Note that responses from Focus Groups and Interviews are processed in a similar way. This differs from the way Surveys are processed. The app takes into account only the Survey questions that have responses as the degrees of agreement or disagreement (Strongly disagree, Disagree, somewhat disagree, Neither agree nor disagree, Somewhat agree, Agree, Strongly agree). It analyzes the Survey question’s sentiment and then combines it with the proportion of responses that agree or disagree with that question, to result in a sentiment score.


Overview of Models

The tool employs three models: Latent Dirichlet Allocation (LDA) Model for topic modeling, Sentiment Analysis model for sentiment detection in user responses, and an Emotion Analysis model for emotion detection in user responses.

  • LDA Model: An LDA model is created and tuned on the Policy data. The model results in clusters of topics found in Policy data. For instance, if there are 3 policies talking about harassment, the model clubs them into one topic. Next, the responses from Focus Groups, Interviews, and Surveys are mapped to the policy clusters obtained above. This is done to analyze which response refers to which policy.
  • Sentimental Analysis model: Data is extracted from the 3 types of response files (Focus Groups, Interviews, and Surveys), and fed into the model. Three types of labels are predicted: negative, neutral, and positive, which are used to generate visualizations.
  • Emotion Analysis model: Data is extracted from the 2 types of response files (Focus Groups and Interviews) and fed into the model. Six types of labels are applied: sadness, joy, love, anger, fear, and surprise, which are used to generate visualizations.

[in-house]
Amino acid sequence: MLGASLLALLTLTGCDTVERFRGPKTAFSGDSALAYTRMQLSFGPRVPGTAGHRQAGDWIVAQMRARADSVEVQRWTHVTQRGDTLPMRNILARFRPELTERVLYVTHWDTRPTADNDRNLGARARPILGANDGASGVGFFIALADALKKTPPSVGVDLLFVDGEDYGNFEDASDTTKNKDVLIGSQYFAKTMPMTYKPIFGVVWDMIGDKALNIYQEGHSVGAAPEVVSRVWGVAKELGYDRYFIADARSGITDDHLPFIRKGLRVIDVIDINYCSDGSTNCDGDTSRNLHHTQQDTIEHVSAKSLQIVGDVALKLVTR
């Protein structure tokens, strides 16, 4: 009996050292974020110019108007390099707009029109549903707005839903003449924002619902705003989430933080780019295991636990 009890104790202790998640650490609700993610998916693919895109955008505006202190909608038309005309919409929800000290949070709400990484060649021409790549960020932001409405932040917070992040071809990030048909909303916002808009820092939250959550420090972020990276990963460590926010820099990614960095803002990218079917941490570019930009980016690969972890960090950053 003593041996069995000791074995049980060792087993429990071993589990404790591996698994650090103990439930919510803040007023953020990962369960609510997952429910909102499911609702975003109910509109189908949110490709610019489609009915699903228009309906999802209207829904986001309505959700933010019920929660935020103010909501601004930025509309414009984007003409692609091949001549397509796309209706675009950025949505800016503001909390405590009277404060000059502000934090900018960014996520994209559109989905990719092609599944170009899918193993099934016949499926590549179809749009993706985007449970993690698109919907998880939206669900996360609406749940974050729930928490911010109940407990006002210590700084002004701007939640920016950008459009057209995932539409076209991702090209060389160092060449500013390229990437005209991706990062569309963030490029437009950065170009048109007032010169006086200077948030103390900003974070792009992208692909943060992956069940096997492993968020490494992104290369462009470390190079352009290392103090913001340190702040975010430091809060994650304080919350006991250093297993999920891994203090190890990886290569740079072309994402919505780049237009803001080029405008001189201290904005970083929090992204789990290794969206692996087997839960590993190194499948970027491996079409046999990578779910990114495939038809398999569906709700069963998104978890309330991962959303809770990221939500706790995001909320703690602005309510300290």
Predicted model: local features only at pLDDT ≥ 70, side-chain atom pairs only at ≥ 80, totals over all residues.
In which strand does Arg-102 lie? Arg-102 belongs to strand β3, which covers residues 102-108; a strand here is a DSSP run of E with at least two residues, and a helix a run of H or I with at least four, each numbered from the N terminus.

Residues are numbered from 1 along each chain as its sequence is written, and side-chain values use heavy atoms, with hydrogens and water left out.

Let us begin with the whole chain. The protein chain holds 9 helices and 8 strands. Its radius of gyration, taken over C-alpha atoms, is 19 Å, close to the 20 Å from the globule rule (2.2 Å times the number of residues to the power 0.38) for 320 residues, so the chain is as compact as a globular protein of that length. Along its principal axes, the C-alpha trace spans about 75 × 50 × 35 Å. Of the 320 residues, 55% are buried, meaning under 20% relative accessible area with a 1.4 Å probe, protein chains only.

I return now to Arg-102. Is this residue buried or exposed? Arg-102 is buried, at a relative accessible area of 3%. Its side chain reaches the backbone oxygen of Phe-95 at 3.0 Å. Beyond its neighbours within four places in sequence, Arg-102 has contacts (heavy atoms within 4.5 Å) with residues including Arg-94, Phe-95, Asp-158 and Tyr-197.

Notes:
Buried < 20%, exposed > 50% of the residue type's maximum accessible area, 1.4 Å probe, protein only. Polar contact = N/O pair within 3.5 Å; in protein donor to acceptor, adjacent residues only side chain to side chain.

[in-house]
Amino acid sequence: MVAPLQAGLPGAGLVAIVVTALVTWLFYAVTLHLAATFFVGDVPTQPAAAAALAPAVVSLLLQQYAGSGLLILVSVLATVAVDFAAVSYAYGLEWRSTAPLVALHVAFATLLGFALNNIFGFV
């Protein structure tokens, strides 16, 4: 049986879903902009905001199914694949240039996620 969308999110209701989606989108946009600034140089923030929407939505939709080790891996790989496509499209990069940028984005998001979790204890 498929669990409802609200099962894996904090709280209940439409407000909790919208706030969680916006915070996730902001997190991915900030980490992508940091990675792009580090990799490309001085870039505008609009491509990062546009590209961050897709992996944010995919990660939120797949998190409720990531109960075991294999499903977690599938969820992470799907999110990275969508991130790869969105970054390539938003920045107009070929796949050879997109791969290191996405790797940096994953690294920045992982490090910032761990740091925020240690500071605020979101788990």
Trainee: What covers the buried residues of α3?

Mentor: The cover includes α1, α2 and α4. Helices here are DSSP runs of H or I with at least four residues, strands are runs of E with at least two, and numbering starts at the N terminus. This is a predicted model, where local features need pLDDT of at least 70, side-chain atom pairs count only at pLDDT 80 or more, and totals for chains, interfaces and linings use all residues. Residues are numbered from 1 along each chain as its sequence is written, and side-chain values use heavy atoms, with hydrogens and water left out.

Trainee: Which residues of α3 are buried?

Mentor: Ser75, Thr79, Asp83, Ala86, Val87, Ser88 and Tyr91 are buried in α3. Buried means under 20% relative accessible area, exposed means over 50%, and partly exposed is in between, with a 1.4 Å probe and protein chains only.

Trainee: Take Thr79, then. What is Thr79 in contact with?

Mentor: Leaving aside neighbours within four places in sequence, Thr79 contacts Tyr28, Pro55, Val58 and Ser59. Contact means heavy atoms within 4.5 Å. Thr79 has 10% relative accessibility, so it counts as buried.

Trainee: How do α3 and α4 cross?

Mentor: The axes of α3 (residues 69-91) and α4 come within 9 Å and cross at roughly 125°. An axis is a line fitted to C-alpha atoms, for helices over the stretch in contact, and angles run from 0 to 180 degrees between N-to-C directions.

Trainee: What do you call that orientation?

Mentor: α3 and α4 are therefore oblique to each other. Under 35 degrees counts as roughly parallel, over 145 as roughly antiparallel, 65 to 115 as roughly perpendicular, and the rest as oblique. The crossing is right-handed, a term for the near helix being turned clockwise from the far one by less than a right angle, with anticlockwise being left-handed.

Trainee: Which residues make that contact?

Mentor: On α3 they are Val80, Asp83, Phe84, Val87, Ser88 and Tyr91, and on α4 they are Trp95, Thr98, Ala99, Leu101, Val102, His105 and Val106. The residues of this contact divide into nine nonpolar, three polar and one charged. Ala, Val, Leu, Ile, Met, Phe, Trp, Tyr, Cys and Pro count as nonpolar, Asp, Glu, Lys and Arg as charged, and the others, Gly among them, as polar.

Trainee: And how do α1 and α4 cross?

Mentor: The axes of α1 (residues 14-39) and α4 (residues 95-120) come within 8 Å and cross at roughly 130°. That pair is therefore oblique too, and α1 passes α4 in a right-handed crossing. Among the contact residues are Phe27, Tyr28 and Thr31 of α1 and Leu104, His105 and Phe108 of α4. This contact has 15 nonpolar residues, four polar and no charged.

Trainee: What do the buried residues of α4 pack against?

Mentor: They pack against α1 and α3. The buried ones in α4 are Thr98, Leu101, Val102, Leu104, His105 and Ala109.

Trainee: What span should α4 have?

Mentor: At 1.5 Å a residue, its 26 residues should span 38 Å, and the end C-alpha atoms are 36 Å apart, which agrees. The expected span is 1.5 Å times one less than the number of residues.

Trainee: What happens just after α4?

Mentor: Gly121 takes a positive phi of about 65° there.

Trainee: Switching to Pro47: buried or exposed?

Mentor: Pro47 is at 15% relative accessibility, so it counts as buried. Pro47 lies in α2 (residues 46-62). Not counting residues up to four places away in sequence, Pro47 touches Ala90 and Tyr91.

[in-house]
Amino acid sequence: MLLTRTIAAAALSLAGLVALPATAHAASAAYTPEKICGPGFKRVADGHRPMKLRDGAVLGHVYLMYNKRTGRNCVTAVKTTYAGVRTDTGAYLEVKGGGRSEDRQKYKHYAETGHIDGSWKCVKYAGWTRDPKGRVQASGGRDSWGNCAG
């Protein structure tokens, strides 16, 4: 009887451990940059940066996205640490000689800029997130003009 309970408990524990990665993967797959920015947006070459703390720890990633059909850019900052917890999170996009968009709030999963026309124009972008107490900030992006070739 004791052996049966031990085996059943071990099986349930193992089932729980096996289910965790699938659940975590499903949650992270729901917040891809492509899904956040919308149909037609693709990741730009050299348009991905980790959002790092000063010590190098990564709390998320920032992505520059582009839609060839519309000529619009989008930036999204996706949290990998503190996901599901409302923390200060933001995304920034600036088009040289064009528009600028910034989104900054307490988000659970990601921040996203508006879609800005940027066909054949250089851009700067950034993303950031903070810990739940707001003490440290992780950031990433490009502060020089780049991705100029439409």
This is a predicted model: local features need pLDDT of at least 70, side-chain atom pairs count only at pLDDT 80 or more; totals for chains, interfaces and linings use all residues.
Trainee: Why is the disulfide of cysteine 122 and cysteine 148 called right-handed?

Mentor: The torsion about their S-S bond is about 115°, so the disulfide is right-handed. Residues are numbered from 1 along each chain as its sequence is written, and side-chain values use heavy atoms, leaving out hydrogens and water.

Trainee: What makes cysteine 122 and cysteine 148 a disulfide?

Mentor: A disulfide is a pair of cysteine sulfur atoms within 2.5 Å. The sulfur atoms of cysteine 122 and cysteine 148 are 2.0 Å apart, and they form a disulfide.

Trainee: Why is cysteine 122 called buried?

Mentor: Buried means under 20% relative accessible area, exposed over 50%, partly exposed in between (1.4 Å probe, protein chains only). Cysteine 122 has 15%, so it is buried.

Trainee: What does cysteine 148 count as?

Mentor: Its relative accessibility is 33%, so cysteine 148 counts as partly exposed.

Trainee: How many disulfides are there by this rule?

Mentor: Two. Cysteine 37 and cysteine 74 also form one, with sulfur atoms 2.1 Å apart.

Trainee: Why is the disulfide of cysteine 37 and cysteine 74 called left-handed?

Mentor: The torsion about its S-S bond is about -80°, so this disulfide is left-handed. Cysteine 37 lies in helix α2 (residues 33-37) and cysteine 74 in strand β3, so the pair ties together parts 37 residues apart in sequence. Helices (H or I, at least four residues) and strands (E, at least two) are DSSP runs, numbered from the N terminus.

Practical Application of Technology and Human Skills

TIVC’s Organizational Optimization pillar focuses on people-centric diagnostics and solutions. Our primary function is to assess culture, which we define as the shared beliefs, attitudes, behaviors, and values of an organization. TIVC’s unique culture assessment approach uses mixed-method research to test for alignment between organizational policies/procedures and employee experience. After completing our assessment, TIVC develops a comprehensive organizational culture and climate profile report. This report can be used to optimize culture by helping to inform and improve decision-making processes and strengthen workplace synergy, trust, and collaboration.

Culture is multi-faceted and therefore cannot be accurately assessed from a single perspective, lens, or skill set. With this in mind, TIVC has built a unique tool for assessing organizational culture and climate that leverages both the power of artificial intelligence and the nuanced perspectives of human subject matter experts, including highly trained and credentialed authorities on culture, climate, diversity/equity/inclusion, data analysis, and change management. While other organizational culture assessments on the market rely on either qualitative or quantitative data, giving an incomplete picture of organizational culture, our approach triangulates data generated through qualitative and quantitative data-collection methodologies with data from your organization’s policies to offer a 360-degree view of how written policies align with their practical application.

Our process begins with an assessment of employee sentiments and emotions using AI and Machine Learning Models. TIVC’s algorithm determines word frequencies and groups them for further analysis. Our AI tool has a sentiment and emotion detection capability which contextualizes topics and themes. The tool also analyzes polices to identify similarities and dissimilarities between stated policies and themes from employee responses.

After the AI tool creates an initial report, TIVC’s subject matter experts analyze the data to identify root causes and make recommendations to optimize organizational culture. Our unique approach leverages technology and human expertise to render an objective and data-driven profile report.

Conclusion

Using our unique AI – Natural Language Processing tool, we are able to identify organizational patterns, trends, collective beliefs, and perceptions and articulate how they impact culture. Using human expertise ensures the data is contextualized. This provides our customers with an unbiased snapshot of their existing cultural state and the ability to implement data-driven solutions.